Mister Sandman by Barbara Gowdy

Mister Sandman by Barbara Gowdy

Reviewed by L.D.Y.

Hardcover (available in trade), 268 pages, 1995

Rating: 9/10

Reason for Reading: The Romantic was one of my top ten books of 2003.

Synopsis: After the birth of the mysterious Joan, dropped on her head at birth, her family deals with everything from complacency to promiscuity to homosexuality. The narration jumps from family member to family member, as Joan watches everything silently, unable, or unwilling, to talk.

Why you should read this book: There’s something mesmerizing about Gowdy’s often bizarre writing, yet it still remains deeply human, something that few authors can pull off. The story flows smoothly between all of the narration changes and the passing of the years. Gowdy draws the reader in to such a degree that the creepiest of situations seems almost normal. Reading this book feels like a guilty indulgence.

Why you should avoid this book: While sprinkled with humour, much of the book is dark and disturbing to the point where some people might find it offensive.

Opening paragraph:

Joan Canary was the Reincarnation Baby. Big news at the time, at least in the Vancouver papers. This is going back, 1956. Joan was that newborn who supposedly screamed, ‘Oh, no, not again!’ at a pitch so shrill that one of the old women attending the birth clawed out her hearing aid. The other old woman fainted. She was the one who grabbed the umbilical cord and pulled Joan head-first onto the floor.

Fabulous quotes:

Gordon wasn’t alone in confessing to Joan or using her as a sounding board. They all did it, although maybe not so involuntarily. Without a pang, Doris tried out lies on her. When the mail arrived and the sound of it coming through the slot sent Joan flying into the closet (if she wasn’t there already), Doris would chase after her and sit in the closet doorway to open the letters, never failing to get a charge out of Joan’s perfect echo of the envelopes ripping. If there were any overdue notices of final notices Doris would announce them and ask how they were going to weasel out of paying. Joan would look at her, seemingly rapt. Then Doris would say something like, ‘I know! I’ll tell them I moved the bank account and they mustn’t have transferred the money yet!’ If she snapped her fingers, Joan immediately snapped hers.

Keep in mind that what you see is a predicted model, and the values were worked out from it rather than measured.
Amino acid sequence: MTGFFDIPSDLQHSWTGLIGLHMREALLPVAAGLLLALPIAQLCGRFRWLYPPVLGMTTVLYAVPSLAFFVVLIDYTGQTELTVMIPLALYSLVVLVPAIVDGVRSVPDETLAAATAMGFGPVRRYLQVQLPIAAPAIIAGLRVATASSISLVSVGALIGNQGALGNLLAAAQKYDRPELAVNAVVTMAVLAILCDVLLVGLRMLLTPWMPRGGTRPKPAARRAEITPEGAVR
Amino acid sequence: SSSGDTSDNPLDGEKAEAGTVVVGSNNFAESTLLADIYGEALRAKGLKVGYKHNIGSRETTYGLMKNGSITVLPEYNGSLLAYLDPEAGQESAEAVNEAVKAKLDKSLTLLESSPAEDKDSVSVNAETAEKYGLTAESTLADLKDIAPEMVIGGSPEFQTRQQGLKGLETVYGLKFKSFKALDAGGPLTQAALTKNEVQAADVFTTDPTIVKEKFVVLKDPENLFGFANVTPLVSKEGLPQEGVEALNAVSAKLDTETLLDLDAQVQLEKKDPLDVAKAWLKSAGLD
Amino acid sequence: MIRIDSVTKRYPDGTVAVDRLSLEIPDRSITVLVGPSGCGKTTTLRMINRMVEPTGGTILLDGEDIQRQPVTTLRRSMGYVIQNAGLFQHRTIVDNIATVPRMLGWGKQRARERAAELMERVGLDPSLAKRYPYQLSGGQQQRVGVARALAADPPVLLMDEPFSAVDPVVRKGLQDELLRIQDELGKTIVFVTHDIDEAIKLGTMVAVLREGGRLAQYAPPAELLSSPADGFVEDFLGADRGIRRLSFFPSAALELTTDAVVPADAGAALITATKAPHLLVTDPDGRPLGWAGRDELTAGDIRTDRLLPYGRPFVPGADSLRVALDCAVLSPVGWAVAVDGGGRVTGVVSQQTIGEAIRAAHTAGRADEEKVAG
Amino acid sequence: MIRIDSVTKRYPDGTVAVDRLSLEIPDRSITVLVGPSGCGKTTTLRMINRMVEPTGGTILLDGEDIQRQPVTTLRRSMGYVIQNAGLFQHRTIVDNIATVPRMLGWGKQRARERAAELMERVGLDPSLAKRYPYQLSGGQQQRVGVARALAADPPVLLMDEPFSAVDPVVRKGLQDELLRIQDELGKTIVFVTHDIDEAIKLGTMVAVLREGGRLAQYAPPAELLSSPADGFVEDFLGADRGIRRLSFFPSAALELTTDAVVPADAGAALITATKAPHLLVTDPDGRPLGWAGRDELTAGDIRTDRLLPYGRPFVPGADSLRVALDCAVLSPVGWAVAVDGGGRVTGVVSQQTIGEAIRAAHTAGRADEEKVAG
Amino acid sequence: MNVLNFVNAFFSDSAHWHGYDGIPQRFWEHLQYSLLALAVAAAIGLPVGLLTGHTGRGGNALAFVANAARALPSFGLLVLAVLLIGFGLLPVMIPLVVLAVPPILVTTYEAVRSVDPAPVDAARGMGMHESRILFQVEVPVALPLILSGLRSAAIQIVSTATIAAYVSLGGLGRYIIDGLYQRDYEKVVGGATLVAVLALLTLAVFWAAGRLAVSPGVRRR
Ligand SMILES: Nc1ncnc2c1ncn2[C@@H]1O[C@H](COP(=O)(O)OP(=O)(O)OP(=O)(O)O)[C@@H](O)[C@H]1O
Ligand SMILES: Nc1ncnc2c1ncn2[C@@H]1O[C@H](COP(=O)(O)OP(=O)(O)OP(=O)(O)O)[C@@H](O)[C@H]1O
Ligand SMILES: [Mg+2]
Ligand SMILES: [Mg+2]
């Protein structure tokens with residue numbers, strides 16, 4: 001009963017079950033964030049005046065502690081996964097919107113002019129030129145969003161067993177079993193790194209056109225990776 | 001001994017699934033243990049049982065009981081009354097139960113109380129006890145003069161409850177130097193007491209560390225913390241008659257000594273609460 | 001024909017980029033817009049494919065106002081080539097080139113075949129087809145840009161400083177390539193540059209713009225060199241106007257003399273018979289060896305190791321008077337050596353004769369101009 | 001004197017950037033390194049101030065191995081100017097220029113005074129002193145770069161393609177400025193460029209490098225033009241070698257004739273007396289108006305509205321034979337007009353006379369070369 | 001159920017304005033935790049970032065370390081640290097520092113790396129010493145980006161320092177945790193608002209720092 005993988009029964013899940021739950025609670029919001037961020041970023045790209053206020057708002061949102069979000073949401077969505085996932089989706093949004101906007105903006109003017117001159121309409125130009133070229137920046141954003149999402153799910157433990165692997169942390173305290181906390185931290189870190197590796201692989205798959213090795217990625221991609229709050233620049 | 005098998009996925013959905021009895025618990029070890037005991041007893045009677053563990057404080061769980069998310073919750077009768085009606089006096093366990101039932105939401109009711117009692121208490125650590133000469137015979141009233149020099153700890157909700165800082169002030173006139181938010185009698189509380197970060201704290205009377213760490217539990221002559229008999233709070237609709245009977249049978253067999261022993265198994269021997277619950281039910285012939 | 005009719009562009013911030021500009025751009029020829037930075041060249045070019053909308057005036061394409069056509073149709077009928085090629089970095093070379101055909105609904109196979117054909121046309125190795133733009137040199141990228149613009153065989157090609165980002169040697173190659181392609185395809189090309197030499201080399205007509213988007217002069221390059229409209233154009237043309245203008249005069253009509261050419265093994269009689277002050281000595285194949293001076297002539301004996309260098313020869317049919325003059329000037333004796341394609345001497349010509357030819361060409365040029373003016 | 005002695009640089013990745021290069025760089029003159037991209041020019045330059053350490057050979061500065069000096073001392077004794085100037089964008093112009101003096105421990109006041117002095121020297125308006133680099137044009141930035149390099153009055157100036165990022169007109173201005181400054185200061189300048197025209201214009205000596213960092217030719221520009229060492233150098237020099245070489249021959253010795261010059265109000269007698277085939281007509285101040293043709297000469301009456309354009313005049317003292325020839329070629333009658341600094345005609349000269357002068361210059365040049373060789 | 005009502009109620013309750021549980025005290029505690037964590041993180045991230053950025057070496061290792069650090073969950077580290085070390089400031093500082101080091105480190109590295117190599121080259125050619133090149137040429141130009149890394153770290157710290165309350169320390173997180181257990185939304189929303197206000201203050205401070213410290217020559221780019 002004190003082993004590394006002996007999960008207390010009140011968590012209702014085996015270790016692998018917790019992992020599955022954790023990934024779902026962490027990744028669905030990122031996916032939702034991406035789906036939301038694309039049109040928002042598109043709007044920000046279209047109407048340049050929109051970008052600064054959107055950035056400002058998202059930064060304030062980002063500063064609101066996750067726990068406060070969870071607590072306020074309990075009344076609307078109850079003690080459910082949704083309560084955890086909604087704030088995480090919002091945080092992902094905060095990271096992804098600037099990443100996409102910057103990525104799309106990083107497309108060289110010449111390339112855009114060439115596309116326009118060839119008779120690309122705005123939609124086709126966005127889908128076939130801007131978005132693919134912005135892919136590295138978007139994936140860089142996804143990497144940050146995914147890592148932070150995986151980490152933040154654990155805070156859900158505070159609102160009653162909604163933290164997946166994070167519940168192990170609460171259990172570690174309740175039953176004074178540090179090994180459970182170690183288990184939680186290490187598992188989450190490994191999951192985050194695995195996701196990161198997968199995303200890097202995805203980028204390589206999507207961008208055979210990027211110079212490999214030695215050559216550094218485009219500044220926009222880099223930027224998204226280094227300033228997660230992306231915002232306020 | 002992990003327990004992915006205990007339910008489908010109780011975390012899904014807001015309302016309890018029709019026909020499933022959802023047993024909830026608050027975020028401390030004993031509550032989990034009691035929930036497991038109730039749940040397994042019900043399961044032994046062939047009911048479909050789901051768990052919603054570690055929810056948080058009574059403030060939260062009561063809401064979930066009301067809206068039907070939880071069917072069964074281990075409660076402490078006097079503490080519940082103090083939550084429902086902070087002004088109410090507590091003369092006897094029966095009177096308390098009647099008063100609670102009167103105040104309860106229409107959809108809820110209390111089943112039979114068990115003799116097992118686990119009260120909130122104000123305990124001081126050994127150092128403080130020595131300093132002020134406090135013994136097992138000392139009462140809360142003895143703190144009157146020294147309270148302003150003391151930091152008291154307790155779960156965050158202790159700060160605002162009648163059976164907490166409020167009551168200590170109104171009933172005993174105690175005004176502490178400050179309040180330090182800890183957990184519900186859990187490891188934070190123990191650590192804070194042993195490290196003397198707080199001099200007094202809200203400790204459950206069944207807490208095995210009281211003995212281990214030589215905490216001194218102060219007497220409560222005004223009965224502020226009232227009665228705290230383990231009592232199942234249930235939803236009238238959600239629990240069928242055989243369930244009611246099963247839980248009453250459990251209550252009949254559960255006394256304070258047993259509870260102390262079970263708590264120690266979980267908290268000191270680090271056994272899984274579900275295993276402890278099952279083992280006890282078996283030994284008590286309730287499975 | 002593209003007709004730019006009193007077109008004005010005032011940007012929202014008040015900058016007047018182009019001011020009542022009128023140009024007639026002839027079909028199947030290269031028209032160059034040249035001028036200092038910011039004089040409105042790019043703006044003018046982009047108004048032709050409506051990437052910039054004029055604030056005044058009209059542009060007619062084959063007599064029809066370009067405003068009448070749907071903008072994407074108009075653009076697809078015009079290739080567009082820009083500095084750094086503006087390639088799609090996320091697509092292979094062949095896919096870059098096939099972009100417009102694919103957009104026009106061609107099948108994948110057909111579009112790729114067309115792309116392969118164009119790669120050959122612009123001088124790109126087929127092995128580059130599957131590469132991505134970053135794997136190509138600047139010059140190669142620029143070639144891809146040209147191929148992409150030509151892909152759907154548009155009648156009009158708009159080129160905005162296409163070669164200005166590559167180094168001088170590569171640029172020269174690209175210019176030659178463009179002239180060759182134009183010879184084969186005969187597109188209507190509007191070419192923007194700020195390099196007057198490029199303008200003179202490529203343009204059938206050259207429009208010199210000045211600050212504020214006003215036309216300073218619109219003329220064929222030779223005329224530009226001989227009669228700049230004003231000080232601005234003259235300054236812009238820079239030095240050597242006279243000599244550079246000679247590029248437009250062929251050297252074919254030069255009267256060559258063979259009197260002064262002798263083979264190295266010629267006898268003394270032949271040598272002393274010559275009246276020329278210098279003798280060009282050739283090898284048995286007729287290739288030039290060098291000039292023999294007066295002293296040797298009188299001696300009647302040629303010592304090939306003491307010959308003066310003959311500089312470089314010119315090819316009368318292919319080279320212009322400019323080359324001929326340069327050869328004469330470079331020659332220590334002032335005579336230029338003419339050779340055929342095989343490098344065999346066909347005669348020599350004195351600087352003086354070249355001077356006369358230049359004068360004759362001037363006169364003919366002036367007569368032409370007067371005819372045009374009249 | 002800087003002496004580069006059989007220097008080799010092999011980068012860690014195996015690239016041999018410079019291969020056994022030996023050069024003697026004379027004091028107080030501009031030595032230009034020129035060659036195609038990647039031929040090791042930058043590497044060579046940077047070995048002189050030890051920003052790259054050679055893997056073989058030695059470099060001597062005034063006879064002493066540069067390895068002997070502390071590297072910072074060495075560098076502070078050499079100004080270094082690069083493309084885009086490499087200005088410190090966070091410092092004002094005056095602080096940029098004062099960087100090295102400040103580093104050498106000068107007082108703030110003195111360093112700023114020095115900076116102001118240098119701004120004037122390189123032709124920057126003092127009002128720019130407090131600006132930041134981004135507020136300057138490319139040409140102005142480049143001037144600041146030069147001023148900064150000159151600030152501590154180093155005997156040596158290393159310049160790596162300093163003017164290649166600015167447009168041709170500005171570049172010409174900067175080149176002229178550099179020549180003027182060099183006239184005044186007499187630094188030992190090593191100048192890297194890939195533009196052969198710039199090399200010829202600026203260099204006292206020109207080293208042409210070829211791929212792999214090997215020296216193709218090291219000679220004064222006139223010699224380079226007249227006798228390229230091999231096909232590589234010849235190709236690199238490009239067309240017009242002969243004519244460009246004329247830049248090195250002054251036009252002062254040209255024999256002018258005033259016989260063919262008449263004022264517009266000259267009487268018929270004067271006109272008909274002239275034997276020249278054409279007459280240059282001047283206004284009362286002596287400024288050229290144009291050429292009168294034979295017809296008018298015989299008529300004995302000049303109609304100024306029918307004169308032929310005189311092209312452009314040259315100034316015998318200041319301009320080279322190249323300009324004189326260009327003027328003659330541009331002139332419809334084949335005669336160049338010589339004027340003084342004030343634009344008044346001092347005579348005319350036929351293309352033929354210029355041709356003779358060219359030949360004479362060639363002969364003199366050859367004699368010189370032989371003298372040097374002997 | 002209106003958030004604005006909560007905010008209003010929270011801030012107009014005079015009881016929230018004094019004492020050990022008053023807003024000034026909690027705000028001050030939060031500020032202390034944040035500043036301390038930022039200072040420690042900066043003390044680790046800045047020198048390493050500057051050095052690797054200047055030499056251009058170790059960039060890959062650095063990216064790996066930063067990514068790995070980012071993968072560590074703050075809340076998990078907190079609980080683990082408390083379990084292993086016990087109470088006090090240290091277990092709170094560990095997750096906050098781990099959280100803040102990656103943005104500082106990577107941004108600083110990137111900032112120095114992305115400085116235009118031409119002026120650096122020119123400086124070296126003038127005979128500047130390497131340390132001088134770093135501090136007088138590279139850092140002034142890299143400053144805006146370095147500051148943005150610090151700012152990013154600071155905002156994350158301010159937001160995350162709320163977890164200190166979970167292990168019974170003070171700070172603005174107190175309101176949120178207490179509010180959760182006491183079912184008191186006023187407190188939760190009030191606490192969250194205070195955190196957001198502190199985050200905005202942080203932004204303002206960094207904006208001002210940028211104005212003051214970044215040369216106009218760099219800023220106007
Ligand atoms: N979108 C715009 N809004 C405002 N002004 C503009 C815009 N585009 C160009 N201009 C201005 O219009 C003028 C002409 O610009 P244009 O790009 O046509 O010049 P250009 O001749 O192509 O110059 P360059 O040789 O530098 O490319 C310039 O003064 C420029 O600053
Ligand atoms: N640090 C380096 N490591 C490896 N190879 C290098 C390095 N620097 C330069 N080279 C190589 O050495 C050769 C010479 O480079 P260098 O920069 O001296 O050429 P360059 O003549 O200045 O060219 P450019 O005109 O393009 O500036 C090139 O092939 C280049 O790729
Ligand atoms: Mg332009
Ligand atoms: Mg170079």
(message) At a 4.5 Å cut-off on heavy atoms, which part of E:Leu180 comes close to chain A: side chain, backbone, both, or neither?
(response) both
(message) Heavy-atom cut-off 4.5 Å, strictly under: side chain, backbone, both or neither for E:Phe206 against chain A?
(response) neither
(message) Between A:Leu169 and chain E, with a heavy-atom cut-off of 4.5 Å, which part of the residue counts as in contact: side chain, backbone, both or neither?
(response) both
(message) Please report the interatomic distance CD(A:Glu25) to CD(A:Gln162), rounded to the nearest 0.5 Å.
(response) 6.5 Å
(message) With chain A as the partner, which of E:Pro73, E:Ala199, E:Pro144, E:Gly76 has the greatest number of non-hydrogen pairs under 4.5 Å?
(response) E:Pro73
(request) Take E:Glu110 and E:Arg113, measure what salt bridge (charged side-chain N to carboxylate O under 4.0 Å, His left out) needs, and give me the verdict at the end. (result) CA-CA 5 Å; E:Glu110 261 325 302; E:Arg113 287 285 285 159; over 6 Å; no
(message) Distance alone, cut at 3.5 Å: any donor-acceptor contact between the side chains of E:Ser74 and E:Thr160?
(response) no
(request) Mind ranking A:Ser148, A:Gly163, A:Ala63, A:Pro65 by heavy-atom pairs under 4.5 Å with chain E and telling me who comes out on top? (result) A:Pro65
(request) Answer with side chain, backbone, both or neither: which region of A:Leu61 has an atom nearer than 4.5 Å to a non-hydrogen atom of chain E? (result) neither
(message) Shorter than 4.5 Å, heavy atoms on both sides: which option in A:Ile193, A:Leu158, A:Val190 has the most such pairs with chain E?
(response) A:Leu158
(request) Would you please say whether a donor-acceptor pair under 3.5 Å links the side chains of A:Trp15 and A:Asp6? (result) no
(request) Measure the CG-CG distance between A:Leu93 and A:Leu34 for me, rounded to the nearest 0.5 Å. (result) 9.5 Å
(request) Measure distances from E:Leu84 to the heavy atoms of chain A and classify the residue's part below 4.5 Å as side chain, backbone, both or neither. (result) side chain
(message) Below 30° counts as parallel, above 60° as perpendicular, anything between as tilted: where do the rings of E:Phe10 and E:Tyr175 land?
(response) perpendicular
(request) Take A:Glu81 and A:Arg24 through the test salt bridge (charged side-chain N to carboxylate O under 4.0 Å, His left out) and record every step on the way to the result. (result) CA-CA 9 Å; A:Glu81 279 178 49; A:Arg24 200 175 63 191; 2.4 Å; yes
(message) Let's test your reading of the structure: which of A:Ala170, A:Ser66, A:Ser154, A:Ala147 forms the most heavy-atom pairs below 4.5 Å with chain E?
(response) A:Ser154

Sonja carries four bags of Chinese food, cradling two in each arm, and Hen carries the other, a cooler and the car blanket. He walks in front of her and bellows words over his shoulder – ‘Nicotiana!’ ‘Cosmos!’ – speaking in a foreign language, she thinks, impressed, until it’s ‘Nasturtiums’ and then ‘Marigolds.’
He leads them down a secluded slide of lawn to a stream. By now she is pouring sweat and has a stitch in her side. After setting down his load he spreads the blanket right at the verge of the water and kicks off his loafers and sits. He yanks off his socks, shouting at her to do the same. ‘Don’t peek,’ she says as she lifts her skirt to undo the fasteners holding up her nylon stockings. What she doesn’t want him to see is her slapdash sewing job – the length of white elastic that at the last minute she attached to this old garter belt (using black thread because it was handy) to get it to stretch around her waist.

Also recommended: Behind the Scenes at the Museum by Kate Atkinson; Edible Woman by Margaret Atwood; Atonishing Splashes of Colour by Clare Morrall.

Also by this author: Helpless; Through the Green Valley; Falling Angels; We So Seldom Look on Love; The Romantic; The White Bone.

© Lisa Yanaky 2003-2007

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